Ultra-processed Food Rant
A study of European diets in 2018 found that the average British diet contained more ultra-processed food than any other, accounting for over 50% of consumed calories.
At the other end of the scale, only 10% of Portugal’s and 14% of Italy’s diet come from ultra-processed food, with a mean for all 19 countries of about 24%. Britain has a problem. It is probably linked to living in an affluent country, where you can get what you want when you want, as well as our cultural attitude towards food, and its place often as a necessity rather than a shared family experience.
Ultra-processed foods are defined as ” formulations mostly of cheap industrial sources of dietary energy and nutrients plus additives, using a series of processes (hence ‘ultra-processed’)”11 They are energy-dense, high in unhealthy fats, refined, sugars and salt, and poor sources of protein, dietary fibre and micronutrients. Their formulation, presentation and marketing often promote overconsumption. In addition to other well-known British delicacies such as ham egg and chips, fish chips and curry sauce, chicken nuggets and chips, spaghetti hoops on toast, pasta with ketchup and cheese, it’s possible to go almost fibre-free 7 days a week. In fact it makes you wonder how some of us survive.
Eating lots of ultra-processed food is linked to coronary heart disease, obesity, hypertension and increased cancer risk. The reasons for this are likely a combination of
- the more processed food you eat, the more likely you are to consume food additives at more than safe levels – which perhaps then interfering with glucose management or the microbiota.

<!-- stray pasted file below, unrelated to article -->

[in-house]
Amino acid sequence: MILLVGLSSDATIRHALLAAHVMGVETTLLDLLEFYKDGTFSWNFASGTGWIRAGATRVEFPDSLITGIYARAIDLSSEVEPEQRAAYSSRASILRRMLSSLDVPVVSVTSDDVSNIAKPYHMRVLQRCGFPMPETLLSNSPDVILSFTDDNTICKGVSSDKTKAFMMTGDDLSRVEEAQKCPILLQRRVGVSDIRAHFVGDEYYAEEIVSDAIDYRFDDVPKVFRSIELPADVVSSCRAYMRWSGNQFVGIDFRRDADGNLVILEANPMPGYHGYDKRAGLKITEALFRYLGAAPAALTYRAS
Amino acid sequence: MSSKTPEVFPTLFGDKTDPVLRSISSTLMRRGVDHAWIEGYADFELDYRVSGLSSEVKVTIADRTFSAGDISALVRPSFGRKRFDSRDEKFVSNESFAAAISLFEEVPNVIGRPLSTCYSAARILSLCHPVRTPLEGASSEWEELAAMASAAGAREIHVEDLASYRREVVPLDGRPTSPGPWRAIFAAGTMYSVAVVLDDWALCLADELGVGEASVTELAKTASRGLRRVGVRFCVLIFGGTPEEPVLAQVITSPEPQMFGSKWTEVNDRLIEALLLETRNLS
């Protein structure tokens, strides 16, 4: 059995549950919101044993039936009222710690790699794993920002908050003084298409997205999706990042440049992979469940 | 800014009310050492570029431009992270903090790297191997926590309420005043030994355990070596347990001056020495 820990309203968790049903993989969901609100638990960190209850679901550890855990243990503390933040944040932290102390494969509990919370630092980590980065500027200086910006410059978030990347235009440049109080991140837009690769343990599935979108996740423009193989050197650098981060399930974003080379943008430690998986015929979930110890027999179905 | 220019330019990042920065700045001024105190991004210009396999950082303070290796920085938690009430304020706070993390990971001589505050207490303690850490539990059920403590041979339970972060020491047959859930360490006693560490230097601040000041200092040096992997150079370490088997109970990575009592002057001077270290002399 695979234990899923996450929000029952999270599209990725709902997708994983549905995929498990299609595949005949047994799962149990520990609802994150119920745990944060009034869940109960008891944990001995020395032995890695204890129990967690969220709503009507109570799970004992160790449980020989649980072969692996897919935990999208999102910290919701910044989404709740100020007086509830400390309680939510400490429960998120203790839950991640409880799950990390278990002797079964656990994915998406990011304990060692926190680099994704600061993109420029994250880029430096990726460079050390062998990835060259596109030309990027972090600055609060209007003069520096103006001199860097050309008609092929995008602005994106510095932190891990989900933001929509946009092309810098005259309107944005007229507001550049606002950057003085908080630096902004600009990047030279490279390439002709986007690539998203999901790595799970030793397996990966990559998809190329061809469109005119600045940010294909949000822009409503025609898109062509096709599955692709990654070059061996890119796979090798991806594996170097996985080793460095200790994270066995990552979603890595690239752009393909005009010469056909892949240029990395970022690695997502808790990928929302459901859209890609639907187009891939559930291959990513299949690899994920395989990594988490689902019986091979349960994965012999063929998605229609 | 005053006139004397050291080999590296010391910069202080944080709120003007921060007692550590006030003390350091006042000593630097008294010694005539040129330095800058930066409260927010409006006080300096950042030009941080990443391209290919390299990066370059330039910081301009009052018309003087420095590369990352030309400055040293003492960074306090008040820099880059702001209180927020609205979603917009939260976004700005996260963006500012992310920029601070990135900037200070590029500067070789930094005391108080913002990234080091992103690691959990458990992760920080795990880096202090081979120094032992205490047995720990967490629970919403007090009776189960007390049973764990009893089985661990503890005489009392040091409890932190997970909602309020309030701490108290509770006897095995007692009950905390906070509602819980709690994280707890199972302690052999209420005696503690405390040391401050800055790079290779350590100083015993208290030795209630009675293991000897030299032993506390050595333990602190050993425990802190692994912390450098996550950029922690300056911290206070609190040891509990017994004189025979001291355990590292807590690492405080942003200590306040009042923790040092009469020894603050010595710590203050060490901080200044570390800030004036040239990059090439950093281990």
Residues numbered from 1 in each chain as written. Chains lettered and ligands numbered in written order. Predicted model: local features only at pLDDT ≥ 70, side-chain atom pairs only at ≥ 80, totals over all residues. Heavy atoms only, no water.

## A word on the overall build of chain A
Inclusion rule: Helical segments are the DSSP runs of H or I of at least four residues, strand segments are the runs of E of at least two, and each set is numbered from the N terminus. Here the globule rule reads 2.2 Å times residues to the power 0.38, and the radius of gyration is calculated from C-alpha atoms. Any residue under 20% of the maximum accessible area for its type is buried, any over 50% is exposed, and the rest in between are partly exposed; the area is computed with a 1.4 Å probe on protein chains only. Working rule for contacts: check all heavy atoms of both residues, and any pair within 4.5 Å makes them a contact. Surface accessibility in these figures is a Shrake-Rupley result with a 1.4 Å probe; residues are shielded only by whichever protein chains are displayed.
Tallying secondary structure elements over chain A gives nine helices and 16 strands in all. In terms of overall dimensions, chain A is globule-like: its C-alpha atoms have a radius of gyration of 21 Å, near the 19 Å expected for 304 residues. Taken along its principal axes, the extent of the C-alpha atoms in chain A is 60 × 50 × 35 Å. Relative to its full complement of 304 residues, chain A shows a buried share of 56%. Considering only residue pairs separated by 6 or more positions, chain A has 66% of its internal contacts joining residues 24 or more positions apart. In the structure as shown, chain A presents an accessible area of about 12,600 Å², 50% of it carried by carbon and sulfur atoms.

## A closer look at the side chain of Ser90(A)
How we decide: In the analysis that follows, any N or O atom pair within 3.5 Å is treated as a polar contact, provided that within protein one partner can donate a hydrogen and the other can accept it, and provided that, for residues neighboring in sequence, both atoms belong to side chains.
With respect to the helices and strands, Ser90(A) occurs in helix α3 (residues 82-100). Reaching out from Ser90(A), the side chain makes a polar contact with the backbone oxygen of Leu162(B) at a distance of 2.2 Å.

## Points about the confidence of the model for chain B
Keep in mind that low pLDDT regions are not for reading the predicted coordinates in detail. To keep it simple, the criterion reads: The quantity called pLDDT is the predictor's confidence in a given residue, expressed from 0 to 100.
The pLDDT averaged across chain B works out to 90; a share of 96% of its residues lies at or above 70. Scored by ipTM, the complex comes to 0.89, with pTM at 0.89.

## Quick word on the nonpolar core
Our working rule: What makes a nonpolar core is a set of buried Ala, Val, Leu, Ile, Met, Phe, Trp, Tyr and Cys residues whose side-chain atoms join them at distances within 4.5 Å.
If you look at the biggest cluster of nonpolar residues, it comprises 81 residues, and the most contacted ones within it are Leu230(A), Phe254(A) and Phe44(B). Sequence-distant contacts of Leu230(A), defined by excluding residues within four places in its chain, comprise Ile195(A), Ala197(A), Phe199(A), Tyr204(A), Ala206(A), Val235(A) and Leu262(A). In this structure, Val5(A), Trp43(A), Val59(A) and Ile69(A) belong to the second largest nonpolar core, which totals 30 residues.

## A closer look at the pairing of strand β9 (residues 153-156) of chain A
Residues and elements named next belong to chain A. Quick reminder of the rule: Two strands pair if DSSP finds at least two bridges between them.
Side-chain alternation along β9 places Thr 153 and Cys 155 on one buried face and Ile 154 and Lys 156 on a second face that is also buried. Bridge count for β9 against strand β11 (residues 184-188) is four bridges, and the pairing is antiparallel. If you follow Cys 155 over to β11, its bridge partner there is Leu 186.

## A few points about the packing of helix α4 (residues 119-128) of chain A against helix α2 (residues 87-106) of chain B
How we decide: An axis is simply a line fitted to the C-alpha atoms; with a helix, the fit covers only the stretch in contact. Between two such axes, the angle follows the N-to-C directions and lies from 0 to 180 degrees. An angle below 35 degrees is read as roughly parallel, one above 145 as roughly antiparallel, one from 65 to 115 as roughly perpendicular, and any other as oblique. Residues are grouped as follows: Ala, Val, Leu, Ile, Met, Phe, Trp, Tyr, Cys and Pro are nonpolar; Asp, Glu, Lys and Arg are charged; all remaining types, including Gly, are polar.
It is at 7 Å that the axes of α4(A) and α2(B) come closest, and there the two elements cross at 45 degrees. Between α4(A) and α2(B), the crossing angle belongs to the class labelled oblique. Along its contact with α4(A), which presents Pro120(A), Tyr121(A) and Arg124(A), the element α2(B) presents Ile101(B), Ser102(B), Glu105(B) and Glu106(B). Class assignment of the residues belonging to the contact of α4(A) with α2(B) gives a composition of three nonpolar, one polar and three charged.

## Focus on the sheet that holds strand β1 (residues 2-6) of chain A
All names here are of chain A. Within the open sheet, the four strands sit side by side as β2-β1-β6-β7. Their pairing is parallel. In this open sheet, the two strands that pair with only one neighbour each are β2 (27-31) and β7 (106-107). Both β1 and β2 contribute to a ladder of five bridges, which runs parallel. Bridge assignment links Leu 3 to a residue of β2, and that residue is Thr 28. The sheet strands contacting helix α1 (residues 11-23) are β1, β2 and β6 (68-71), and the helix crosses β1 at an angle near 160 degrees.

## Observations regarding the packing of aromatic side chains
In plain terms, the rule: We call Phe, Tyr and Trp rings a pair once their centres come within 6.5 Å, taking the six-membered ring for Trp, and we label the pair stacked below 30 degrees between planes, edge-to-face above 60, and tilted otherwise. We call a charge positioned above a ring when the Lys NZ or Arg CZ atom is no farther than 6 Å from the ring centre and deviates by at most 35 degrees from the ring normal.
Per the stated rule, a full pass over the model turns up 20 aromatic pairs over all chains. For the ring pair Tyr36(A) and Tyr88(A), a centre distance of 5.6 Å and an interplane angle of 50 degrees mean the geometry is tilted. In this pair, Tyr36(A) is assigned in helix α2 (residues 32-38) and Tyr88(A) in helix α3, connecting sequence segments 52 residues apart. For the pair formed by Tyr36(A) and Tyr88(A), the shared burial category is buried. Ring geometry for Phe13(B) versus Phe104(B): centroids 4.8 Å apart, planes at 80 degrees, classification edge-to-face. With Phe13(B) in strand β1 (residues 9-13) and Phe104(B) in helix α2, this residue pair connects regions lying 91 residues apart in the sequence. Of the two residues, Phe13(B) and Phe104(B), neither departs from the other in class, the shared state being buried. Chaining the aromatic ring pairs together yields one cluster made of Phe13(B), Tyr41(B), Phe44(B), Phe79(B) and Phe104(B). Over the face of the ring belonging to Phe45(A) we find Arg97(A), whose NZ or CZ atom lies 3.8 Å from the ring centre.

- These foods contain salt sugar fat in superhuman quantities, which makes them craveable so you eat more of them. If you are mostly consuming these, then you miss out on fruit and vegetables, which contain vital nutrients and that all important fibre for your gut microbes.
- Alterations to the food by processing mean that they can’t be utilised by the body in the correct way – perhaps not allowing nutrients to be absorbed, or because toxic end products are generated by their metabolism.
The best advice is that the nearer you are to the actual source of your food, the better – ideally it needs to look like a vegetable, fruit or meat and be home- processed. Also, look at the ingredients list before you buy; if it is very long there will be a reason for that, and if a food contains substances you wouldn’t use at home, avoid.
Remember it’s not just about digestive issues; a healthy gut can improve just about every aspect of your being from your mental health to your skin. Finding our page, that’s a good start and we can set you in the right direction.